So I went through the ABA Task Force On The Future Of Legal Education Draft Report in detail. So many words that don’t actually say anything. Attention Task Force: Stop with all the definitions. “Organizations, which are composed of people,” “culture …” “law…” People know what these things are. Considering the only people reading this report are lawyers, let’s hope they have a general understanding of the basic definitions of common vocabulary. The report is overwrought and verbose. It spends thirty-eight pages saying what could have been said in five. Brevity is a good thing.
There are a lot of things that could be said about the report, but honestly, most of it is just not that interesting. I do want to pull out a couple sections though:
Consumer Attitudes toward Legal Education. There are two broad perspectives on higher education in the United States: (a) education as a means to personal growth and development; and (b) education as a means to a job or career. The latter has greatly increased its influence in recent years. This has affected the relationship between higher education institutions and students, causing higher education to take on more transactional and consumer attributes.
Law schools are pathways to a specific type of career, but have long positioned themselves under perspective (a), as providing an advanced general purpose (if not advanced liberal arts) education. This is reflected, for example, in the traditional view that law school substantially involves teaching students to think in a certain way. Law schools, however, now find that they have to reposition themselves at least partly under perspective (b). This requires a restructuring of curriculum, student services, and the business of legal education.
Bullshit. No one goes to law school for some sort of intellectual wankery. Okay, maybe 1% do – and then go on to become law professors. PEOPLE GO TO LAW SCHOOL IN ORDER TO BECOME LAWYERS. That’s the entire point. The above is such crap, it’s infuriating. This attitude is why there are so many bitter law students. They didn’t go to law school in order to expand their intellectual horizons. They went to law school to get jobs. And don’t act like that’s a new perspective either. That’s why people have been going to law school for decades.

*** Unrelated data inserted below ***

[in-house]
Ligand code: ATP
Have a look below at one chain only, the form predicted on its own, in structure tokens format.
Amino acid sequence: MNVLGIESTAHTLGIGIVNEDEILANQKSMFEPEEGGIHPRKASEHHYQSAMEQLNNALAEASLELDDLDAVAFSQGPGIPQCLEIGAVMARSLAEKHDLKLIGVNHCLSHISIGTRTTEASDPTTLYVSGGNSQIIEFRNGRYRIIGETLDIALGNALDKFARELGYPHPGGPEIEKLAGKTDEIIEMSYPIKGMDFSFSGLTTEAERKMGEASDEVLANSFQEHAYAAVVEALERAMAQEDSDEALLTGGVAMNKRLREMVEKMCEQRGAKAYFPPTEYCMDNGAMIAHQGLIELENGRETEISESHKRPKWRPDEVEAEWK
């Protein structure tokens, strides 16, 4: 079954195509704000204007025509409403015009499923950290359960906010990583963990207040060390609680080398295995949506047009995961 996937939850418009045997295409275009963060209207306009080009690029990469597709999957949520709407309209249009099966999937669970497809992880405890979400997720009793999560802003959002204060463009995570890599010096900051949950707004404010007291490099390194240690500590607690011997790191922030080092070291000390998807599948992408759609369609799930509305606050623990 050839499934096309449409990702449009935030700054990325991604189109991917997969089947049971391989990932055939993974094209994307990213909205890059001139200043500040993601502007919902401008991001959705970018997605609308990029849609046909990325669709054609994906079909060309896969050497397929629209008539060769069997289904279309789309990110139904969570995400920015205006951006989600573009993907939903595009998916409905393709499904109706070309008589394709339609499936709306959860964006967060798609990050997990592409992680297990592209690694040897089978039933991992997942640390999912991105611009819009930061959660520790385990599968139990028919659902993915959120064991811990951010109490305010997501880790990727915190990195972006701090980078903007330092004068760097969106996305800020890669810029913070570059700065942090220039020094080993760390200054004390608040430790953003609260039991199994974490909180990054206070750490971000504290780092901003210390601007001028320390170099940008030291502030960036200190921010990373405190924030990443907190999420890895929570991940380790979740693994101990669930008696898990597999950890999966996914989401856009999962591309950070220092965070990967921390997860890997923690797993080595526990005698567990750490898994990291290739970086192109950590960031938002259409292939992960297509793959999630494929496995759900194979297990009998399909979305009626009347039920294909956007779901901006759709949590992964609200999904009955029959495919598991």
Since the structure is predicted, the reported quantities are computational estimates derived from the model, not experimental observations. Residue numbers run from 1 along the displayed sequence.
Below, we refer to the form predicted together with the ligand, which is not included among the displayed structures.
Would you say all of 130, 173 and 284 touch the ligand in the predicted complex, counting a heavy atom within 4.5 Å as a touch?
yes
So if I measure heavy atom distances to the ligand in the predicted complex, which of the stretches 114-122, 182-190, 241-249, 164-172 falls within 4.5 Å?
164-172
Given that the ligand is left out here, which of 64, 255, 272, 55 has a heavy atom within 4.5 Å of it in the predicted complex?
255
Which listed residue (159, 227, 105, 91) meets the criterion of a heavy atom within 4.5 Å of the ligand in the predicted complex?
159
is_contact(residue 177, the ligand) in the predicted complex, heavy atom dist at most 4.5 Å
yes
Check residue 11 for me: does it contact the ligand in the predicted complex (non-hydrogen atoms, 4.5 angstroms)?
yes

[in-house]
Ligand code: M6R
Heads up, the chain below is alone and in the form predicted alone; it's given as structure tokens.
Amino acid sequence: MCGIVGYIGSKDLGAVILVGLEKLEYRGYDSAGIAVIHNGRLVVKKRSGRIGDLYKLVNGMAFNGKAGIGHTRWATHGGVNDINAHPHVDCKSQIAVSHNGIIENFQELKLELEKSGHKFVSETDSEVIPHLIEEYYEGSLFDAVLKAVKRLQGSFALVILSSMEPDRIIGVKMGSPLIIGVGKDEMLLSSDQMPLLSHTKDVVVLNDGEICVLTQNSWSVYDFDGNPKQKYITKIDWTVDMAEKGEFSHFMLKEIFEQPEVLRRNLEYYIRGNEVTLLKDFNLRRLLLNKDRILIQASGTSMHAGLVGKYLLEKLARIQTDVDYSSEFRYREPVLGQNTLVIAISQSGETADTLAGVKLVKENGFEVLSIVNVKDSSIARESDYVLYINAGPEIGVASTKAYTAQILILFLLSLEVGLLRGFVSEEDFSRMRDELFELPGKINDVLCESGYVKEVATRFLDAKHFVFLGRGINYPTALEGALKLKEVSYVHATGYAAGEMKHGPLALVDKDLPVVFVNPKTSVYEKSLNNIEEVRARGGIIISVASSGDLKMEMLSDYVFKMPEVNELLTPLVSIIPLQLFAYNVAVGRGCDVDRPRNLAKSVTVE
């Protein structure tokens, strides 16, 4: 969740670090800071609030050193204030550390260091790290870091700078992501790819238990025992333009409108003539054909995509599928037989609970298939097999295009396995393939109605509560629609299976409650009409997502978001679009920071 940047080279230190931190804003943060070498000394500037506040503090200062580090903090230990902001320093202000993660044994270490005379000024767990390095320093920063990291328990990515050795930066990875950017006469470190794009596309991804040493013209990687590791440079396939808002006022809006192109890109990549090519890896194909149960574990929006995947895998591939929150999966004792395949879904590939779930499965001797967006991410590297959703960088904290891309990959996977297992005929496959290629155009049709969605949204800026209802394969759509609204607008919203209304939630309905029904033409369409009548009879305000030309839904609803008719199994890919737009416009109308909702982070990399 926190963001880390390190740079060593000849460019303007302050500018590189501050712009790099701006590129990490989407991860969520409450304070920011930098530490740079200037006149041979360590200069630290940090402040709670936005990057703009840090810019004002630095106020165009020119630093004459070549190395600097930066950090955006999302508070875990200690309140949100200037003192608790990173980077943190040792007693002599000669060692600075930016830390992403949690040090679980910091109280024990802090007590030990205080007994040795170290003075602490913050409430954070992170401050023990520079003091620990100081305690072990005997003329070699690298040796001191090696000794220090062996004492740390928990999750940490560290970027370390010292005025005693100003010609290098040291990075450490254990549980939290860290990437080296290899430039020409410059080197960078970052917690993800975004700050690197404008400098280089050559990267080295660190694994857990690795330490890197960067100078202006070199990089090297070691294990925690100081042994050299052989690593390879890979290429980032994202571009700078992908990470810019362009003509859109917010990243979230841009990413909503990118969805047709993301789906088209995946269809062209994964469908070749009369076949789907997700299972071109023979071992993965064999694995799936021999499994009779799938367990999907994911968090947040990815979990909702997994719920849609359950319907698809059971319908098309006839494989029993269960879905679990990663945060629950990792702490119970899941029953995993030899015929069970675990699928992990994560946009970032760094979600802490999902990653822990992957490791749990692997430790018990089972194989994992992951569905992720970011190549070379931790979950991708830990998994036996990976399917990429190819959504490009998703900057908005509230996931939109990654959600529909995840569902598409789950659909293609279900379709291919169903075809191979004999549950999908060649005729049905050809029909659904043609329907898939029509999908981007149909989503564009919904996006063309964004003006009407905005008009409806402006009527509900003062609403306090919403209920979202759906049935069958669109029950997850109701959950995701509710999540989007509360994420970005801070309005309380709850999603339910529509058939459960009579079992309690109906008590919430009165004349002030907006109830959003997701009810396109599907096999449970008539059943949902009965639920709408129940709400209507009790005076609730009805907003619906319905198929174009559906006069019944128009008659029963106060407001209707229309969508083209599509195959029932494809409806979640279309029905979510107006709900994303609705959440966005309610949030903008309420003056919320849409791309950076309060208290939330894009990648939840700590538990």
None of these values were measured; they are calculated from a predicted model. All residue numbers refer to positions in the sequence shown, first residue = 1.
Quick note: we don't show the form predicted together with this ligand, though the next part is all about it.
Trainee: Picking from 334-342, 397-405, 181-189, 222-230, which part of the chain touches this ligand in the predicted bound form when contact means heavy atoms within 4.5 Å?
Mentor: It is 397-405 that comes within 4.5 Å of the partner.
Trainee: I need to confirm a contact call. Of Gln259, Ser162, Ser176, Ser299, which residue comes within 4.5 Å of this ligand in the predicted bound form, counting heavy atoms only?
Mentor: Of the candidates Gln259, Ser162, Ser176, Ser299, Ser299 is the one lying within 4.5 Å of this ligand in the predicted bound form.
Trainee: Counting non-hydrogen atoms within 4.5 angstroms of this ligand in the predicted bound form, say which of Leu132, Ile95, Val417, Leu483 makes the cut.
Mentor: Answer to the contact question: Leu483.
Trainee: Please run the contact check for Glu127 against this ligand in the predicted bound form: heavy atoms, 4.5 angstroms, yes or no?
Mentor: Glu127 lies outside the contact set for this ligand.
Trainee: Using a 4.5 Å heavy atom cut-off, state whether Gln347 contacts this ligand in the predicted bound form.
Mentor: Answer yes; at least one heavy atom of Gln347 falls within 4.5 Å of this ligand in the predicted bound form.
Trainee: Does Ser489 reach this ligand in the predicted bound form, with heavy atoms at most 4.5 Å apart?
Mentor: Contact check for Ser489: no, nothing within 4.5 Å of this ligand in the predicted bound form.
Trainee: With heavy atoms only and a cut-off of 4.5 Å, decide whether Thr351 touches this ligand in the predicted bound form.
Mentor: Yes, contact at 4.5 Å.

After thirty pages of wasted paper, we finally get to something substantial, Section VII Specific Recommendations.
The American Bar Association should undertake the following: 1. Establish A Task Force or Commission With Appropriate Expertise to Examine and Recommend Reforms Regarding Law School Pricing and Financing. Issues Within the Scope of Such a Project Should Include…
I suppose it should come as no surprise that when you compose a committee full of lawyers, it’s first step is to propose another committee. Hence the high level of productivity in government. Anyway, the following are “Specific Standards and Interpretations that should be eliminated or substantially liberalized on this ground include the following”:
- 304-5 (relating to credit for work PRIOR to matriculation in law school)
This has some potential. If they were available, I could see many students taking some advanced undergrad classes that would provide law school credit. This would help reduce costs and time spent in law school
- 306 (relating to distance education)